We have written before on this blog about the unfortunate situation with the body of actor Sherman Hemsley, famous for his role in “The Jeffersons.” As our regular readers know, Hemsley’s body has been in limbo due to a probate dispute, and has been prevented from being buried. Fortunately, the situation was resolved last Friday, when a Texas Court ruled in favor of Flora Enchinton, the woman Hemsley appointed as his sole beneficiary and the executrix of his estate.
Richard Thornton, the man who had claimed to be Hemsley’s half-brother and challenged the validity of his will, had been ordered to take a DNA test to establish his right to challenge Hemsley’s will. His attorney has acknowledged that the tests reveal that Thornton is not related to Hemsley. In making his decision, though, the judge didn’t rely on the tests anyway, since Thornton missed the deadline for submitting the evidence.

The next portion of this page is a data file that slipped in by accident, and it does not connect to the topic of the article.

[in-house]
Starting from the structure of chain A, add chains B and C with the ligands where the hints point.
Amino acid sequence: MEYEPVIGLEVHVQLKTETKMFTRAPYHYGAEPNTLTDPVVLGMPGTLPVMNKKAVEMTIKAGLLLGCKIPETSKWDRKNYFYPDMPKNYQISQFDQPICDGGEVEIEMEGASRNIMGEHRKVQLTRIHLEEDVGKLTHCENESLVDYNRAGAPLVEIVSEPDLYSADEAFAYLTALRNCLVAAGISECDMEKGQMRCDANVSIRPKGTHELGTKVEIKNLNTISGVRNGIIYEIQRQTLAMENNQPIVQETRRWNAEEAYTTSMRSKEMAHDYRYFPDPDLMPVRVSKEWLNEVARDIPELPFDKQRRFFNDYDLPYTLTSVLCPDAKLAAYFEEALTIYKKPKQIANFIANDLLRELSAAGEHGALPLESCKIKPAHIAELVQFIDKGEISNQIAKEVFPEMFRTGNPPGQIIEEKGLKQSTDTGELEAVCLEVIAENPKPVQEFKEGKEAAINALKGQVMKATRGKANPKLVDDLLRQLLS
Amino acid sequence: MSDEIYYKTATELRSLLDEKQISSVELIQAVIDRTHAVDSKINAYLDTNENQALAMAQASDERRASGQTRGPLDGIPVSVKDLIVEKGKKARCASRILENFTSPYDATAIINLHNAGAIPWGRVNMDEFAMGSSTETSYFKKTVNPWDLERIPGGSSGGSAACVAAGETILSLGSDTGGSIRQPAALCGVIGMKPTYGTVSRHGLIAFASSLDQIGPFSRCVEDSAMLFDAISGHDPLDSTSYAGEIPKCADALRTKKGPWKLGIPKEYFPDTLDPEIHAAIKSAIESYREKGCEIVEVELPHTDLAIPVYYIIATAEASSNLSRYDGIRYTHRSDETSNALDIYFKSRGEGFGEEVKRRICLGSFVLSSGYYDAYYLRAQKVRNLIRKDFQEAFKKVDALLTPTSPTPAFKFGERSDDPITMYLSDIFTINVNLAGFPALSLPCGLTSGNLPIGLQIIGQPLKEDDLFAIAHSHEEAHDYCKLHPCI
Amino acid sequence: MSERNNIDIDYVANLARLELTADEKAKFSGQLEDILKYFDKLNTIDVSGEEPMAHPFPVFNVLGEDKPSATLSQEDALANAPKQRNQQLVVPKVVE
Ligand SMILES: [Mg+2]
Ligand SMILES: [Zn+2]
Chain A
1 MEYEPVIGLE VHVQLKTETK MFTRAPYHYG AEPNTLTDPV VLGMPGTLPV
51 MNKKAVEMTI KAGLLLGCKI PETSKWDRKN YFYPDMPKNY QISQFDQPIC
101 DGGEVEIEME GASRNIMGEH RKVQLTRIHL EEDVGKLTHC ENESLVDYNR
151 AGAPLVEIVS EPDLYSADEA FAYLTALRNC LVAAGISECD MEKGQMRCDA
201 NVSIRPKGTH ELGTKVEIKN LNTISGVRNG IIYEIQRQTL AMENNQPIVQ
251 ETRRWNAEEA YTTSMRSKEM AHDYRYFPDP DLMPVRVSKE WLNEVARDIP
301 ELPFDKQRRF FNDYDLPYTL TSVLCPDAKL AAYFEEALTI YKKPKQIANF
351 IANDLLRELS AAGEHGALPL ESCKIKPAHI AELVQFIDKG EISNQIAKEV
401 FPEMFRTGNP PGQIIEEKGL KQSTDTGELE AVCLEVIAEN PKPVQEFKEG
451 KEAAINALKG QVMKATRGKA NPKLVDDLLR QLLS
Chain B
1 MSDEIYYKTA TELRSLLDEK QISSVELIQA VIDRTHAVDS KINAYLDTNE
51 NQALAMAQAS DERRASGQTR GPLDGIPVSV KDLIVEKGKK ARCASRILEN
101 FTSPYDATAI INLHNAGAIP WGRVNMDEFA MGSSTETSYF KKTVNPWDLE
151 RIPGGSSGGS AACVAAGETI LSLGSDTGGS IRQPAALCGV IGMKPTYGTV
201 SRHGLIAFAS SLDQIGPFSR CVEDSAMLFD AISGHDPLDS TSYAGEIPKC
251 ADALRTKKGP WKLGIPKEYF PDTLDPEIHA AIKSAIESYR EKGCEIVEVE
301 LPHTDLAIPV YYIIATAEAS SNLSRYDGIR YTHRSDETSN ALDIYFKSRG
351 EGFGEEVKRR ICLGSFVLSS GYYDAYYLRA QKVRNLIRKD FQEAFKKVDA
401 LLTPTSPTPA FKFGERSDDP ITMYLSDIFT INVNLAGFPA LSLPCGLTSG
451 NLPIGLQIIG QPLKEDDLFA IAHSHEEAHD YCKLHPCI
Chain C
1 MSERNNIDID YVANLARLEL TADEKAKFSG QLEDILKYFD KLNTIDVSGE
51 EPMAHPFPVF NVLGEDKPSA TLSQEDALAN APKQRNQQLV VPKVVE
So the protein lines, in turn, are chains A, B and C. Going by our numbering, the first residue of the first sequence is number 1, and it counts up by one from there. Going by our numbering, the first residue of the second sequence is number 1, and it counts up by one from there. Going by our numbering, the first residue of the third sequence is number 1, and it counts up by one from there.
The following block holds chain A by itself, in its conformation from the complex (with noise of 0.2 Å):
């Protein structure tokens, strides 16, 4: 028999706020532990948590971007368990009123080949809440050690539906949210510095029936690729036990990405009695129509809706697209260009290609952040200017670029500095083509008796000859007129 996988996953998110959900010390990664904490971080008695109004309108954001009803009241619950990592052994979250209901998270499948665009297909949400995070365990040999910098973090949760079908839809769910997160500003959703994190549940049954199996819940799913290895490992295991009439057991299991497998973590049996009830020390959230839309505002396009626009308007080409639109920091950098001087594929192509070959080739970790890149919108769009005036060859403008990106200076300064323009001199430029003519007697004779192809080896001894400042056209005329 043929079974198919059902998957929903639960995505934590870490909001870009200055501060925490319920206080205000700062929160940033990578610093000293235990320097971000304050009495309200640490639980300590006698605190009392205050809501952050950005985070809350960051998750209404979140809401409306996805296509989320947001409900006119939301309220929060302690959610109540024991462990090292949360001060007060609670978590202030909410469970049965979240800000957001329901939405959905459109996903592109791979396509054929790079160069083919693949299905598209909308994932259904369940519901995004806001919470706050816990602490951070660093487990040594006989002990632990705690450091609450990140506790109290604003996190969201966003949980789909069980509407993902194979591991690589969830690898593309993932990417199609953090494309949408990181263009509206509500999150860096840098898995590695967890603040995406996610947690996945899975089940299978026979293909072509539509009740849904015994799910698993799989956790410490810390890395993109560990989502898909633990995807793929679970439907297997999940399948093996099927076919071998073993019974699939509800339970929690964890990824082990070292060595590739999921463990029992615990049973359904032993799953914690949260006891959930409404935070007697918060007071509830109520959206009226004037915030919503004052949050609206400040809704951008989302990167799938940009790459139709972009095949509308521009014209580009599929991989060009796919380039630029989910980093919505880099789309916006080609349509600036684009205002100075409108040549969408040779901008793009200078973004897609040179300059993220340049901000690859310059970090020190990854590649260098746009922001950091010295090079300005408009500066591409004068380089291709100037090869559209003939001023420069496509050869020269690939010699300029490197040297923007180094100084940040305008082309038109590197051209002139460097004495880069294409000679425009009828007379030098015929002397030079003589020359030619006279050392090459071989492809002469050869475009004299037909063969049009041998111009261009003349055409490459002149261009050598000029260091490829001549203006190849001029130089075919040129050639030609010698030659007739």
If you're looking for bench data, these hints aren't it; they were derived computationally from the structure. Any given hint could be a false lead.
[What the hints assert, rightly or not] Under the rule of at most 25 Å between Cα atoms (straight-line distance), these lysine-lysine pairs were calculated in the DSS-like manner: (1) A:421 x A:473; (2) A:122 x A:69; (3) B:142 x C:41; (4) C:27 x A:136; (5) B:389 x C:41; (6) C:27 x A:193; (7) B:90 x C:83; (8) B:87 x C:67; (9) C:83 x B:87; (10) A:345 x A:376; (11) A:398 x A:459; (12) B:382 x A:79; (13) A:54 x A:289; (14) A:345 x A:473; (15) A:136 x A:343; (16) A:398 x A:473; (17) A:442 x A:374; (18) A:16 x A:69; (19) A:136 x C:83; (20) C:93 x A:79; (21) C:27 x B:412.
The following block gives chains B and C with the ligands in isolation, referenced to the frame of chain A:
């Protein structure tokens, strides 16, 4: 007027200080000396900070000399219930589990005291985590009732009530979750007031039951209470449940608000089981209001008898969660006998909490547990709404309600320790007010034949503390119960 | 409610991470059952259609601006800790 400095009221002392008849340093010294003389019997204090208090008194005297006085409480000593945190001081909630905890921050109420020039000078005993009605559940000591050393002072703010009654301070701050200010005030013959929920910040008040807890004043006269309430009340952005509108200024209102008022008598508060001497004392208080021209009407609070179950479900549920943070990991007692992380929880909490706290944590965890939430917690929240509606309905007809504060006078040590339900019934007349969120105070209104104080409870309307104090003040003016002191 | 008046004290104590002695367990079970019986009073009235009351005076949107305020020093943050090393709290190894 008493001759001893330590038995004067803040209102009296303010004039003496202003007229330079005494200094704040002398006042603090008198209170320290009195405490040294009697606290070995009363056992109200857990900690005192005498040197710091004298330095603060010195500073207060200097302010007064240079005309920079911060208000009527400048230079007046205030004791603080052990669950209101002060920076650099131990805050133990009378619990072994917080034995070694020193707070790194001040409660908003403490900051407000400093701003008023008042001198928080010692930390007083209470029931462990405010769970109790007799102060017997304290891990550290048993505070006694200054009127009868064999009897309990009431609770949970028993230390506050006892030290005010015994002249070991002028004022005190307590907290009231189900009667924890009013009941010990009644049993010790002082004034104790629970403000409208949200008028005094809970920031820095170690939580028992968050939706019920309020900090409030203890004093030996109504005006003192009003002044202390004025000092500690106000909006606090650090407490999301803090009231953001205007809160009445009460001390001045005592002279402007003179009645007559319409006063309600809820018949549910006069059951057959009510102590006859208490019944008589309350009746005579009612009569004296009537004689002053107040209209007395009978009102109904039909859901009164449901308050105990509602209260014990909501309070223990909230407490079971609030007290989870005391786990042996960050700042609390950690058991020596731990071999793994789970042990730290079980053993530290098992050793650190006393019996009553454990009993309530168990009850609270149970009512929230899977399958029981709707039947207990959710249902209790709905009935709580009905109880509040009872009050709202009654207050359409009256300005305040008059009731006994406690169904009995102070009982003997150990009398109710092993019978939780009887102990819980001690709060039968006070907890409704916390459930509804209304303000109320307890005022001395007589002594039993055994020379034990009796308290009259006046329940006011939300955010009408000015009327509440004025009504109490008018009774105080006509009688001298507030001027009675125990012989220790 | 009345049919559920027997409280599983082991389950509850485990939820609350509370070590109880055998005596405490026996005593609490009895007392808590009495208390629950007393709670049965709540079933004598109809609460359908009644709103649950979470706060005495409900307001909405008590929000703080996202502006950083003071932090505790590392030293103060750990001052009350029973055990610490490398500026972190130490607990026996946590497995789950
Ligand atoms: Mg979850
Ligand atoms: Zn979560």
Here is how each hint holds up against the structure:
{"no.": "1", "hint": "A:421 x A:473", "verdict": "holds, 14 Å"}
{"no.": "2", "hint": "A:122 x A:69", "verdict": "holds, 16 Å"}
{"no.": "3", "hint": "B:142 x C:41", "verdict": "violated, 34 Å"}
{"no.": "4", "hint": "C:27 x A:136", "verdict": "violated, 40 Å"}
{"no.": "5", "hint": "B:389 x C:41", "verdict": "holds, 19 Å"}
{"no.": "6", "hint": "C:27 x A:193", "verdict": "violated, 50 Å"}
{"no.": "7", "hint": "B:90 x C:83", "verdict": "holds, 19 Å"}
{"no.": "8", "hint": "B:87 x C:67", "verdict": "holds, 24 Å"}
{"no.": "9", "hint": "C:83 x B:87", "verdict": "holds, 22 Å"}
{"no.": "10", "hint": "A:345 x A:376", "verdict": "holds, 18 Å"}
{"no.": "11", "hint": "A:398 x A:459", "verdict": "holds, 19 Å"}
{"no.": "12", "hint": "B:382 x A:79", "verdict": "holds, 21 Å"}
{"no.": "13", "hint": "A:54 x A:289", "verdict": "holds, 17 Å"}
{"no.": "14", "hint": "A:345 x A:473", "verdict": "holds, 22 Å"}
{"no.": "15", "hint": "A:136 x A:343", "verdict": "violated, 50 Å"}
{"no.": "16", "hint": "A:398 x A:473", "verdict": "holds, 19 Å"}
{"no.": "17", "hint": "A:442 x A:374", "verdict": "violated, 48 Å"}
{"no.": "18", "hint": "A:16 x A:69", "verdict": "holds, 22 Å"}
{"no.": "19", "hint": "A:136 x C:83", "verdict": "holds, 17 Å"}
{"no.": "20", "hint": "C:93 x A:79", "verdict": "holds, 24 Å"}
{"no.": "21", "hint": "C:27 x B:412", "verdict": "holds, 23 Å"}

Because Hemsley served in the Air Force as a younger man, his body will be buried at Fort Bliss National Cemetery in El Paso.
While it would be nice to think that this is the end of the dispute, it may not be. Although Hemsley’s will has been admitted to probate and Enchinton has already been confirmed as the independent executrix of his estate, Thornton’s attorney has said he plans to challenge the ruling. Sources didn’t indicate what his grounds are, though.
Will disputes like these can be more than a nuisance. In some situation, probate battles end up significantly reducing the value of the estate. For this reason, it behooves those engaging in estate planning to work with an experienced attorney who knows how to structure the estate plan so as to avoid such disputes wherever possible.
Source: Fox News, “Military funeral planned for Sherman Hemsley, months after death,” Hollie McKay, November 14, 2012